In response the Federal Reserve multiplied its balance sheet five times from $800 billion to $4 trillion dollars. And the US Government concurrently ran peak fiscal deficits up to $1.8 trillion. The US Government also extended many trillions more in direct guarantees of minimum prices of financial assets of all kinds.
US Residential Real Estate
The observed result of all this monetary and fiscal stimulus, combined with the lowest mortgage interest rates in the post World War II era, was to only slow the rate of decline of median US household income. In the combined residential US real estate market this set of policies had the following results:
Existing Home Sales
The rate of existing home sales has yet to recover to the levels of the mid-1990s. Since the most recent decline in sales rate is paralleling the upward spike in mortgage rates it is reasonable to believe they probably will not recover.
The average sales price of existing homes has recovered to approximately 2003 levels.
(Note: Whether increasing average home prices for a population still experiencing declining real average household incomes is an intelligent public policy goal is a second question. This question deserves far more critical discussion than it currently receives.)
New Home Sales: (This time it really is different)
Those interested in detailed numbers for single and multifamily housing construction can find them here:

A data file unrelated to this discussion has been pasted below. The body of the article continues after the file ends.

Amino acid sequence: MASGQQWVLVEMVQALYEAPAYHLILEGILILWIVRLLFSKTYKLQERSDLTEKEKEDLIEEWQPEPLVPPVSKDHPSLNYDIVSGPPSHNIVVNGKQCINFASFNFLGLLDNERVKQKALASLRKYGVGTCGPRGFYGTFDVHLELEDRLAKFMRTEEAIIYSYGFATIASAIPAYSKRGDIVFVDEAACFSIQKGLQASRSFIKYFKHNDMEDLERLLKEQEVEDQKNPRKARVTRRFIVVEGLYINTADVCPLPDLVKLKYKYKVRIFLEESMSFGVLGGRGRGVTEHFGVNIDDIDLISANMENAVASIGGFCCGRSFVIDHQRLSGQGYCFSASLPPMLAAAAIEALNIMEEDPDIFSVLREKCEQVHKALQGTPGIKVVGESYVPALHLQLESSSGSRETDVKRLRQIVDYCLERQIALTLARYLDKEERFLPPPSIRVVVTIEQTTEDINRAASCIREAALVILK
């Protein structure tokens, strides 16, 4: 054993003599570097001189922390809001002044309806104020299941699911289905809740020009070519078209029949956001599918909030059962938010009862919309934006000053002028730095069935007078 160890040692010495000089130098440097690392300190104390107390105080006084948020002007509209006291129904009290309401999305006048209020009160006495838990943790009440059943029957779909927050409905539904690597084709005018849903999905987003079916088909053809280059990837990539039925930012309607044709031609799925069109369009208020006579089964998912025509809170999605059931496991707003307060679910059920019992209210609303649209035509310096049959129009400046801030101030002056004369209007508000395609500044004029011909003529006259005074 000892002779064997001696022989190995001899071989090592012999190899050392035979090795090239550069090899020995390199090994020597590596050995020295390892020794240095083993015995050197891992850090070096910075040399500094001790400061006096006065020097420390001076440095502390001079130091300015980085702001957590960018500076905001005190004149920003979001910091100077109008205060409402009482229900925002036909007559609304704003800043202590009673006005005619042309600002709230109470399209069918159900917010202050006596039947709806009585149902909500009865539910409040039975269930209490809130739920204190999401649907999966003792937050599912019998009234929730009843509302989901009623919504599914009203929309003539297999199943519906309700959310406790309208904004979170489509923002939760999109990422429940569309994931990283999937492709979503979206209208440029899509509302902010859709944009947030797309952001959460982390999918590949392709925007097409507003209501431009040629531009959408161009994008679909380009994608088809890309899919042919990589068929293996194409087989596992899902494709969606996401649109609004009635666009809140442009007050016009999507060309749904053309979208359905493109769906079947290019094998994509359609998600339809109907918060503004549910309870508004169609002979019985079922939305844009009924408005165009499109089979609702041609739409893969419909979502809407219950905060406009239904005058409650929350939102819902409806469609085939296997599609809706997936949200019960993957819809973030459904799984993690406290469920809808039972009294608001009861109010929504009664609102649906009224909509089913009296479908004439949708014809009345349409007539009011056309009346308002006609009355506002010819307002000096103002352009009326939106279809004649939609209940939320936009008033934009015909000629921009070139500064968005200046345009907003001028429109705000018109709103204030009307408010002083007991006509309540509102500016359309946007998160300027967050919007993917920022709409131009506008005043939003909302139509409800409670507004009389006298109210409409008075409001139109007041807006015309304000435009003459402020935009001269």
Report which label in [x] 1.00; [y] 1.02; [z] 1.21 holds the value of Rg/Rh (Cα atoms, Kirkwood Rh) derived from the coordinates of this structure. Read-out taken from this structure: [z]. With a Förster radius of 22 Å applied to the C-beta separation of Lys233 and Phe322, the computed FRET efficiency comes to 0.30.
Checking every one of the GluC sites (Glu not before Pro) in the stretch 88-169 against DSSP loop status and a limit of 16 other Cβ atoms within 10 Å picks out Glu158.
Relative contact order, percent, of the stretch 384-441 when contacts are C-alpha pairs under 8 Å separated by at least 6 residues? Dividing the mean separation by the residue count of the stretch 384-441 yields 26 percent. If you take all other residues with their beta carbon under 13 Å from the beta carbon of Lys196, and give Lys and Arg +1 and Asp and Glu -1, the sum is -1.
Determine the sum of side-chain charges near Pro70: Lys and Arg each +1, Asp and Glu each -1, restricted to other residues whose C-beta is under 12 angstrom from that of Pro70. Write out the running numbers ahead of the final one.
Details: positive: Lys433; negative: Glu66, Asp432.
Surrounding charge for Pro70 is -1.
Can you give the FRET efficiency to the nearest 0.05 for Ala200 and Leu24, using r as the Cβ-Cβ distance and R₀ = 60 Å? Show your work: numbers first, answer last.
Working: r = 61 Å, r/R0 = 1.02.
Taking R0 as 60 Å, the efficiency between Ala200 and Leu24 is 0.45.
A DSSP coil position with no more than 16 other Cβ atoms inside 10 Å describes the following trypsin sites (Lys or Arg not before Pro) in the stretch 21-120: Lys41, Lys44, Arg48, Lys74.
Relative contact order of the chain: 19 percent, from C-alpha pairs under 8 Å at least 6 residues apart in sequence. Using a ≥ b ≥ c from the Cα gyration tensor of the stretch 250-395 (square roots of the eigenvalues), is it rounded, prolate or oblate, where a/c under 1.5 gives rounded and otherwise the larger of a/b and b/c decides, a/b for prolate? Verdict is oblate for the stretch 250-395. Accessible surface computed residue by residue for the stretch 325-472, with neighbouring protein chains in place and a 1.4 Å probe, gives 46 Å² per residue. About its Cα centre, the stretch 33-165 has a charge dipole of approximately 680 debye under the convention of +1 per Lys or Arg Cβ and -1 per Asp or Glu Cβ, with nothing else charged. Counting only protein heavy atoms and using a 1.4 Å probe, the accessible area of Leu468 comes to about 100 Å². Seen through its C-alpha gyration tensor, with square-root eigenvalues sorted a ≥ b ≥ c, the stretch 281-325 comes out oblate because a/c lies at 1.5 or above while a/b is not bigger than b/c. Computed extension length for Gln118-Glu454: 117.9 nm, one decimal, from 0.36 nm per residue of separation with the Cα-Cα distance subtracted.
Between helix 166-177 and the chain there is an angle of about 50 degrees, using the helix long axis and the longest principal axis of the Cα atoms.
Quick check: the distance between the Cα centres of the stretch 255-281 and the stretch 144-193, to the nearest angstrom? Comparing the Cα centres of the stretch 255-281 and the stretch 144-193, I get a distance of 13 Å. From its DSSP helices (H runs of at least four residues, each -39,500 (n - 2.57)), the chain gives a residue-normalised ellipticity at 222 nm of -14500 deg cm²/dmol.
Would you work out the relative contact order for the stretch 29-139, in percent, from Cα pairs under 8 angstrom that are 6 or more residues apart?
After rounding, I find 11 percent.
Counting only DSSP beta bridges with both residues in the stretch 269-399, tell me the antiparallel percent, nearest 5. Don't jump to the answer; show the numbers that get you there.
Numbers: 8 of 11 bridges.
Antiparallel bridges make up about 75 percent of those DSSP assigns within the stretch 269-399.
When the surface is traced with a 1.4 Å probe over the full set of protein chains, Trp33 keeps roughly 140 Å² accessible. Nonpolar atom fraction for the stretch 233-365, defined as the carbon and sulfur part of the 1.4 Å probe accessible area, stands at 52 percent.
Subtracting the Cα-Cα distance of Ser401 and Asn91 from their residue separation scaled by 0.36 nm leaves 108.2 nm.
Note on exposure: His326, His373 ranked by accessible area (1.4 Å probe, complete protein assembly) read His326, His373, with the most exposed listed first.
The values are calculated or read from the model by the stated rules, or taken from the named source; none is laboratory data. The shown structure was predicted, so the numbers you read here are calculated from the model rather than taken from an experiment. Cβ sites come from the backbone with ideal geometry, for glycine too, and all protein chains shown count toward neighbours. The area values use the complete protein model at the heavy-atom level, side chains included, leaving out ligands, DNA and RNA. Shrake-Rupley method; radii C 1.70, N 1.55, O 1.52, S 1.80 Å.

The National Association of Homebuilders (NAHB) announced in mid-December 2013 that new starts in single and multi-family housing had finally exceeded an annualized rate of 1 million units. In other words, the actual 2013 new construction number will be approximately 935k.
Prior to 2008 these sub 1 million total new build numbers were only seen in the six years of 1991,1981, 1980, 1975, 1966 and 1960. They have subsequently occurred six straight years in a row from 2008-2013. It will not be known for another year whether new builds will finally exceed 1 million in 2014.
Note that US population has been continuously increasing over the entire time period. Therefore the present era represents the lowest per capita rate of new construction on record for six decades.
Near Term Prospects
There are two primary reasons that residential real estate has not recovered more that it has. These are very straightforward:
1. Real US household incomes continue to decline.
2. Residential mortgage lending standards have been significantly tightened since 2007.
These charts represent averages and sums across most of a continent. Within this expanse some areas are already experiencing new record bubbles while many others continue to fall deeper into local depressions.
There are several other factors that have affected and will continue to affect the residential real estate recovery.
Factor One: Habitable Vacant Dwellings